Table of Contents
- Basic Questions
- Getting Involved With Connect OER
- Data Use & Licensing
- Completing Your Campus Profile & Activities
- Completing Your Annual Impact Report
- Technical Questions
What is Connect OER?
Connect OER is a platform to share and discover information about OER activities at campuses across North America. Read more information about Connect OER here.
Why should my institution participate?
Participating in Connect OER is a unique opportunity to share your institution’s efforts to advance OER with the community, while also contributing to a collective effort that will strengthen ties between academic libraries doing important work to advance OER. Connect OER will keep the community informed of best practices and innovative approaches to advance OER, while inspiring new ideas and collaborations.
Which institutions can participate?
Connect OER is currently in its pilot phase. While use of the directory and data is open to the public, participation in creating campus profiles is only open to SPARC member institutions. Login information for these institutions was distributed to the campus library director on file on May 1, 2017.
Once the full project is launched, participation will be open to all higher education institutions in the U.S. and Canada. If you would like to be notified when we open up profiles to non-member institutions, you can sign up here.
At this time, we do not have plans to expand beyond North America, and encourage you to check out other platforms for mapping global activities such as the OER World Map.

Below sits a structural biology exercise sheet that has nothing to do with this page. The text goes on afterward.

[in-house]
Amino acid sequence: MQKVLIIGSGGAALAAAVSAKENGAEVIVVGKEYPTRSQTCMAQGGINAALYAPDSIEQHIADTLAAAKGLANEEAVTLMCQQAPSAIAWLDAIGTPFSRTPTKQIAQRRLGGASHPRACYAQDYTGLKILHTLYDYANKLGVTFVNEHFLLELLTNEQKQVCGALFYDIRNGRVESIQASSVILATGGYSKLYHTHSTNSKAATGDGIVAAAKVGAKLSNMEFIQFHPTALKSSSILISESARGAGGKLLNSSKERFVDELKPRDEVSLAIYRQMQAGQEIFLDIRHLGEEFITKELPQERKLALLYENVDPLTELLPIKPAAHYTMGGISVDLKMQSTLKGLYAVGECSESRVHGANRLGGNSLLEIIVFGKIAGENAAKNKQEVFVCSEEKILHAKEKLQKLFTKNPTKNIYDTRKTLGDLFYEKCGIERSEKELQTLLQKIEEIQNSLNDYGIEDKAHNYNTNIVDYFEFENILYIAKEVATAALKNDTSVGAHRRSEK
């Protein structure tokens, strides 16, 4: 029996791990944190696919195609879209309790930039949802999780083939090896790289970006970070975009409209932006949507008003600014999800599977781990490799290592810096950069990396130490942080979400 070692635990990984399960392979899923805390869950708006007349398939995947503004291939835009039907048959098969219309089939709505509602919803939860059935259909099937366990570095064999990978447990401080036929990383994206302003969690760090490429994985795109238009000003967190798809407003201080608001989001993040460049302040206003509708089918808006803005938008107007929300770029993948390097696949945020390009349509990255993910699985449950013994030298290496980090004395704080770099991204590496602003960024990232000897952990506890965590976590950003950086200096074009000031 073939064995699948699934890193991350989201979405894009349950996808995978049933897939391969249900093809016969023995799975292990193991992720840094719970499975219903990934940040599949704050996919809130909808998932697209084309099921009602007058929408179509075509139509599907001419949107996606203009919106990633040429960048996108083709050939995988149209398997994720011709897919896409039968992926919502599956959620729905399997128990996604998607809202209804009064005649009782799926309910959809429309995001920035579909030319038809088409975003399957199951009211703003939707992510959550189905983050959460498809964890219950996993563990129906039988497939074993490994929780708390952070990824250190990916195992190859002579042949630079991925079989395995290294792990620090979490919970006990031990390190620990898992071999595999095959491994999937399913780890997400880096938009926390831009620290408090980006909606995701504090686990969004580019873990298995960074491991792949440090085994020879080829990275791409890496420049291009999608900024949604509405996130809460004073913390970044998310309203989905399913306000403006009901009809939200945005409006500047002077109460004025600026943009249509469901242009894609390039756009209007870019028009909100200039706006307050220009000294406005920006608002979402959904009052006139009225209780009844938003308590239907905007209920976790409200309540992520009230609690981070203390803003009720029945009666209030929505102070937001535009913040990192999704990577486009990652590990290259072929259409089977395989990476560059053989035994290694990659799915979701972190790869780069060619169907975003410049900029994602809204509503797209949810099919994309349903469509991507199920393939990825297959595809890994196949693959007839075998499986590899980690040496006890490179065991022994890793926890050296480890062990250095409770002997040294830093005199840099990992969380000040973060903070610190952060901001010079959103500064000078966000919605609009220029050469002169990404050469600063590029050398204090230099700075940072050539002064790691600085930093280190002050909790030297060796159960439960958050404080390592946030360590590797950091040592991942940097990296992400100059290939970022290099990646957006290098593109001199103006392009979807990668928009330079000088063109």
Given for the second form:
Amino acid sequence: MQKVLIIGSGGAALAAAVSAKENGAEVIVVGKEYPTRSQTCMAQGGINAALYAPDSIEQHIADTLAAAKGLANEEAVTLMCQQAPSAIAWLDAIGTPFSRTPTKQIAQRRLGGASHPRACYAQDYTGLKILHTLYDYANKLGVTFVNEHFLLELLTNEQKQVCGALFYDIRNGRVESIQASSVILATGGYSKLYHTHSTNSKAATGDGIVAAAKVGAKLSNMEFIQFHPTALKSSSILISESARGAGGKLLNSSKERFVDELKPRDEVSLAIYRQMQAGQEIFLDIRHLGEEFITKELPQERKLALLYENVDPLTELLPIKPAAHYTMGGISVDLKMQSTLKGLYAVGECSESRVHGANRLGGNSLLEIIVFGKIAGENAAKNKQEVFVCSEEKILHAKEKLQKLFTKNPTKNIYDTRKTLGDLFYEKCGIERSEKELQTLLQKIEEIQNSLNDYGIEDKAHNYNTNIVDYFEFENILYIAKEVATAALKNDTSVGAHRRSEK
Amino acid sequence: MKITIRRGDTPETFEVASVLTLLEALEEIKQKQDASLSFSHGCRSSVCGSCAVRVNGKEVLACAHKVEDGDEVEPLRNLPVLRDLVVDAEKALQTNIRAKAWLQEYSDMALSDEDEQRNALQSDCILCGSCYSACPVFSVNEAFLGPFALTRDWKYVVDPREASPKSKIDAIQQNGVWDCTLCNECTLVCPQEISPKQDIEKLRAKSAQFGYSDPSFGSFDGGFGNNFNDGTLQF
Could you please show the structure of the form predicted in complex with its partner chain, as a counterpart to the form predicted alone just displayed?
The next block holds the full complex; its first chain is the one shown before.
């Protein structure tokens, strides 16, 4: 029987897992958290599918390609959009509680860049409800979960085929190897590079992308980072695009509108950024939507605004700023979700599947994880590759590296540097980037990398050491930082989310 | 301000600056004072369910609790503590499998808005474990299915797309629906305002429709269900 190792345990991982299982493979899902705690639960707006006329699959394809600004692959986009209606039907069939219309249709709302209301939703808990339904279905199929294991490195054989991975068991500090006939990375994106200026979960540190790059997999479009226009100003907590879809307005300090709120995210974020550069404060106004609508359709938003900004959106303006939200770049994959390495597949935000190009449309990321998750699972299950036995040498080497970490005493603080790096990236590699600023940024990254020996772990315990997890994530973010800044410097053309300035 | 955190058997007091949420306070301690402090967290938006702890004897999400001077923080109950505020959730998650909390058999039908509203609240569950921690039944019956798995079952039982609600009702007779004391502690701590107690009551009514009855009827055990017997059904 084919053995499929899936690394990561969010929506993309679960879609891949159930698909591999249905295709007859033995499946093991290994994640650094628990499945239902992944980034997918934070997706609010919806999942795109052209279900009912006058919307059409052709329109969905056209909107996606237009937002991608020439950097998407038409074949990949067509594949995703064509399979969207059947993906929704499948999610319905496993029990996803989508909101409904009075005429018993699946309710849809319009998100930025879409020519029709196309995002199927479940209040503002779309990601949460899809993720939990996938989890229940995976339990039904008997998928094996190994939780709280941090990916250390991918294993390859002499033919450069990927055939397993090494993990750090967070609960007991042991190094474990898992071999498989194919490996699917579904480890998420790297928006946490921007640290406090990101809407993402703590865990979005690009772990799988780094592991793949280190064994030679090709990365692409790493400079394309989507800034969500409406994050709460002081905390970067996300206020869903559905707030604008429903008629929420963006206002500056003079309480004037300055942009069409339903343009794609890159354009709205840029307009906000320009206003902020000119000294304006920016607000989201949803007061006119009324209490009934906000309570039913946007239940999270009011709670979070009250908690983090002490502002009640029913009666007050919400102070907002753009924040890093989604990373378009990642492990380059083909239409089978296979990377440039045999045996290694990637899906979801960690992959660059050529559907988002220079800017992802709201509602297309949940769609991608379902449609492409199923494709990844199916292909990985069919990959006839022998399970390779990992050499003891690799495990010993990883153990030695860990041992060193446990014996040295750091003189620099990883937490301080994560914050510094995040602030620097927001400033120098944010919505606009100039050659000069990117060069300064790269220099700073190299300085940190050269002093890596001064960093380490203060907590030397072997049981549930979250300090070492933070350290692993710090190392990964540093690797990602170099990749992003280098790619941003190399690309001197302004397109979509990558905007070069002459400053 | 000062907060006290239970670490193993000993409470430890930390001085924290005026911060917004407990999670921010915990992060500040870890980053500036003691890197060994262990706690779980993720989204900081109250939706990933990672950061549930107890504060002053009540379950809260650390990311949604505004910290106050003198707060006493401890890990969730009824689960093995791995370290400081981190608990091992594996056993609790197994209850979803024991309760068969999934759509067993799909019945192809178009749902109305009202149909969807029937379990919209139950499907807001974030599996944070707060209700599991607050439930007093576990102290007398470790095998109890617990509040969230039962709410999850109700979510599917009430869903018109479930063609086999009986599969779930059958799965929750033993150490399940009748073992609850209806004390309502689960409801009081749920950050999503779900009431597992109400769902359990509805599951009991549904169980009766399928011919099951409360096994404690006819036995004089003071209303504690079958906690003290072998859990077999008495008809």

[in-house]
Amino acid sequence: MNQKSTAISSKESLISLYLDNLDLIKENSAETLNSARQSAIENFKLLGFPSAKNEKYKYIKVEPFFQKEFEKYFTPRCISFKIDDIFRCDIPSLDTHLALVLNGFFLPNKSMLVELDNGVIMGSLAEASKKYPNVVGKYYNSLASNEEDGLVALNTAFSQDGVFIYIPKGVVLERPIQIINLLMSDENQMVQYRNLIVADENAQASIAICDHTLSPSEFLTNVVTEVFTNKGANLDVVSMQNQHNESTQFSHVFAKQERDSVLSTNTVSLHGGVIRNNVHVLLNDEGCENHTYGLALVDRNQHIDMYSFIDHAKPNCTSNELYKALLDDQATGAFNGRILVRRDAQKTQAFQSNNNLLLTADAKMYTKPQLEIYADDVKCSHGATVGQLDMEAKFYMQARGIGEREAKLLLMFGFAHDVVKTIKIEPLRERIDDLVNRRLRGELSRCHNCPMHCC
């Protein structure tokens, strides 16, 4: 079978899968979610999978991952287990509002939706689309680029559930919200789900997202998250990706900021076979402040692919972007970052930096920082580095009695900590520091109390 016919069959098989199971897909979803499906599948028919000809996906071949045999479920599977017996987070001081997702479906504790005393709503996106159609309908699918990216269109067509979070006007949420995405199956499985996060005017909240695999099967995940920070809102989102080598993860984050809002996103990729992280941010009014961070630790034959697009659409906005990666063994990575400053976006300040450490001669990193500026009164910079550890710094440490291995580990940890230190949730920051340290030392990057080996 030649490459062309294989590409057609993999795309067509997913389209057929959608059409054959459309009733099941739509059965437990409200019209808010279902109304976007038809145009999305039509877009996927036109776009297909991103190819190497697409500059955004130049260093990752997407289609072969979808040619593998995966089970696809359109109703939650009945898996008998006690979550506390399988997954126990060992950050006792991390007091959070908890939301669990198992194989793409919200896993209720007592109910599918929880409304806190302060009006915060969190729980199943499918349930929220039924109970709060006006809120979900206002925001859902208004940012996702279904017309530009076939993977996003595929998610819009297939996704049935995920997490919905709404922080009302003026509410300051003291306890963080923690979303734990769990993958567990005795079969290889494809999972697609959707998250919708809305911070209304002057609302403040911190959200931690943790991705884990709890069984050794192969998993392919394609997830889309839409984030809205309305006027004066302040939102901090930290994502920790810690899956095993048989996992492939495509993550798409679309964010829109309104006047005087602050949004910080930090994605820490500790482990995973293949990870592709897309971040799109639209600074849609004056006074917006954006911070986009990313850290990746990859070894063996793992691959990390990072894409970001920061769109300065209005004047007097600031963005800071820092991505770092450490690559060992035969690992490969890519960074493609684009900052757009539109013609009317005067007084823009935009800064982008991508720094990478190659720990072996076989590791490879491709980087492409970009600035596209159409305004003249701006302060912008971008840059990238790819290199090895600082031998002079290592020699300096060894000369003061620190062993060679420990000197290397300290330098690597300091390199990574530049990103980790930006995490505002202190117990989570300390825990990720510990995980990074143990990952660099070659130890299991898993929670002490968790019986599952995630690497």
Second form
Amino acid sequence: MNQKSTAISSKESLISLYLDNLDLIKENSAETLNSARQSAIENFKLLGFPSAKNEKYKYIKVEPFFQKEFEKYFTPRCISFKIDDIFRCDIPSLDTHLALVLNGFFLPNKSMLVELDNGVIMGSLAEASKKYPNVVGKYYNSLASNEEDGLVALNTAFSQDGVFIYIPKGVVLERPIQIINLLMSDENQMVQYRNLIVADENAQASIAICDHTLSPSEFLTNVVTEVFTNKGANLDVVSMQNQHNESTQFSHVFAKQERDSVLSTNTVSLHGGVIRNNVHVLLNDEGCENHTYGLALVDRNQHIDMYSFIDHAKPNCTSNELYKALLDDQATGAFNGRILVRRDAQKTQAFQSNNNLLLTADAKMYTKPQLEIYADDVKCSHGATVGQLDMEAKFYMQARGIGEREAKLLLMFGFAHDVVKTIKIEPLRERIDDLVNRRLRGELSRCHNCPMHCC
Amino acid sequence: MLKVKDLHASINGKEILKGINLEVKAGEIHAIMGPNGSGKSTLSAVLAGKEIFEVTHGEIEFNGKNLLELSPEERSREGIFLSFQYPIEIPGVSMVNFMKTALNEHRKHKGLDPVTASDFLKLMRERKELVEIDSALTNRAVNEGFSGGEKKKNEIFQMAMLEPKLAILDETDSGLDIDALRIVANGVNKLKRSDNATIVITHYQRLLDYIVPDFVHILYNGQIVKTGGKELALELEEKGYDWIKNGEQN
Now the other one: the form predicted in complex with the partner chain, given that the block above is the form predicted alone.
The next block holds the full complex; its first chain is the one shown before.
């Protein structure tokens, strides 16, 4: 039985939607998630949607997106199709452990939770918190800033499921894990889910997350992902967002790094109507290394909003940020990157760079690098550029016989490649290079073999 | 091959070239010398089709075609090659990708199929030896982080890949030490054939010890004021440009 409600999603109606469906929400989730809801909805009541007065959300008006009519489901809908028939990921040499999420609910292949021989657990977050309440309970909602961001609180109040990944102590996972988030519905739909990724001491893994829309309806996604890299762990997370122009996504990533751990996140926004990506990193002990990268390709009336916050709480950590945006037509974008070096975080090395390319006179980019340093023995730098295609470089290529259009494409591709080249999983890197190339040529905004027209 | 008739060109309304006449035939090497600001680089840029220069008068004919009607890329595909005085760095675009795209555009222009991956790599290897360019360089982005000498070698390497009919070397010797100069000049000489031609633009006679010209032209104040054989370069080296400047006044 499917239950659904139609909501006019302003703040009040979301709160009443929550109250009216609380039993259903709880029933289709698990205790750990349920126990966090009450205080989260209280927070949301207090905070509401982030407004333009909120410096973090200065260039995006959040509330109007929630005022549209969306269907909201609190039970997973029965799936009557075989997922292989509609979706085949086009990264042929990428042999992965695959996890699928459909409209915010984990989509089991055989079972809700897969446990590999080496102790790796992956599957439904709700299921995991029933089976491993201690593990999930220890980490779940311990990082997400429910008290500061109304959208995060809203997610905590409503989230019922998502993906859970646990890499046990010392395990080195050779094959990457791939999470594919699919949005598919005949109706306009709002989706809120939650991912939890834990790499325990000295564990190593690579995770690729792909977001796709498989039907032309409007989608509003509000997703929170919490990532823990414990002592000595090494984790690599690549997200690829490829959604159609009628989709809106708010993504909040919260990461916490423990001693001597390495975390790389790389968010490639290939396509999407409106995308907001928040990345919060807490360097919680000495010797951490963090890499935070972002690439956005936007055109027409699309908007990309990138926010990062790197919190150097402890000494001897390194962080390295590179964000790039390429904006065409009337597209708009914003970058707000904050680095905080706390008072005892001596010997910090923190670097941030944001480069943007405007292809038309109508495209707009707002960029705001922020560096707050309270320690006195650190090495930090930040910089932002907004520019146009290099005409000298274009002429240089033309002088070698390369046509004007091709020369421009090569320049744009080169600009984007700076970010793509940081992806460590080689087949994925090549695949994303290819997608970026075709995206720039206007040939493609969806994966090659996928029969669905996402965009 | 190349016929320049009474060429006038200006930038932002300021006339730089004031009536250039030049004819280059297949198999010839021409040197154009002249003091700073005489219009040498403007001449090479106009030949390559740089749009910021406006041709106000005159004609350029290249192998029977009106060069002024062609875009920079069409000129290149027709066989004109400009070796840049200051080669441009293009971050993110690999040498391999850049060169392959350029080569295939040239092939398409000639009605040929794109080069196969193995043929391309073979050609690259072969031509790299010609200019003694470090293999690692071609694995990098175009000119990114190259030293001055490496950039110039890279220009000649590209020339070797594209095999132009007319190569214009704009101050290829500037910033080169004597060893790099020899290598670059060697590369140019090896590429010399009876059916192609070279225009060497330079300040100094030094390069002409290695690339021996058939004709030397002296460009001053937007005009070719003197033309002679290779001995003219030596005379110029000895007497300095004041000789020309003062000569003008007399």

All data collected by Connect OER (except for email addresses and where otherwise marked) will be released into the public domain under a CC0 Public Domain Dedication. This applies to both data and written narratives. Contributors are asked to acknowledge their release of data entered under a CC0 dedication each time they submit a form.
SPARC considered this decision deeply, and concluded that it was the best way to maximize the value of the directory and dataset. We understand that the use of CC0 for this type of project is not a common practice, and we stand ready to answer any and all questions as they arise.
How is Connect OER data shared?
The dataset from our pilot is available here
Does Connect OER review entries for accuracy?
Connect OER campus profiles are created by users, and users have the ultimate responsibility for the content. However, a member of SPARC staff reviews each entry before it is publicly posted, and we reserve the right to edit entries for clarity and conformance to guidelines.
Who do I contact with questions?
For questions about the project, please contact Brady Yano.
Getting Involved With Connect OER
Who can get involved with Connect OER?
SPARC leaves it to the discretion of each institution’s library director to decide where, when and how others participate in Connect OER. In most cases, library directors will designate a Point of Contact for the project who will manage the account. So, that’s the best person to contact if you want to get involved.
What if I want to contribute to Connect OER but can’t reach my institution’s Point of Contact?
SPARC is a coalition of academic research libraries, and therefore defers to each institution’s library leadership to decide where, when and how to participate in Connect OER. If would like to contribute, but have not been able to get involved through your library, you are welcome to contact us for assistance (although we cannot offer any guarantees).
Another way to share information about your work is through the OER World Map, which anyone can join and contribute to.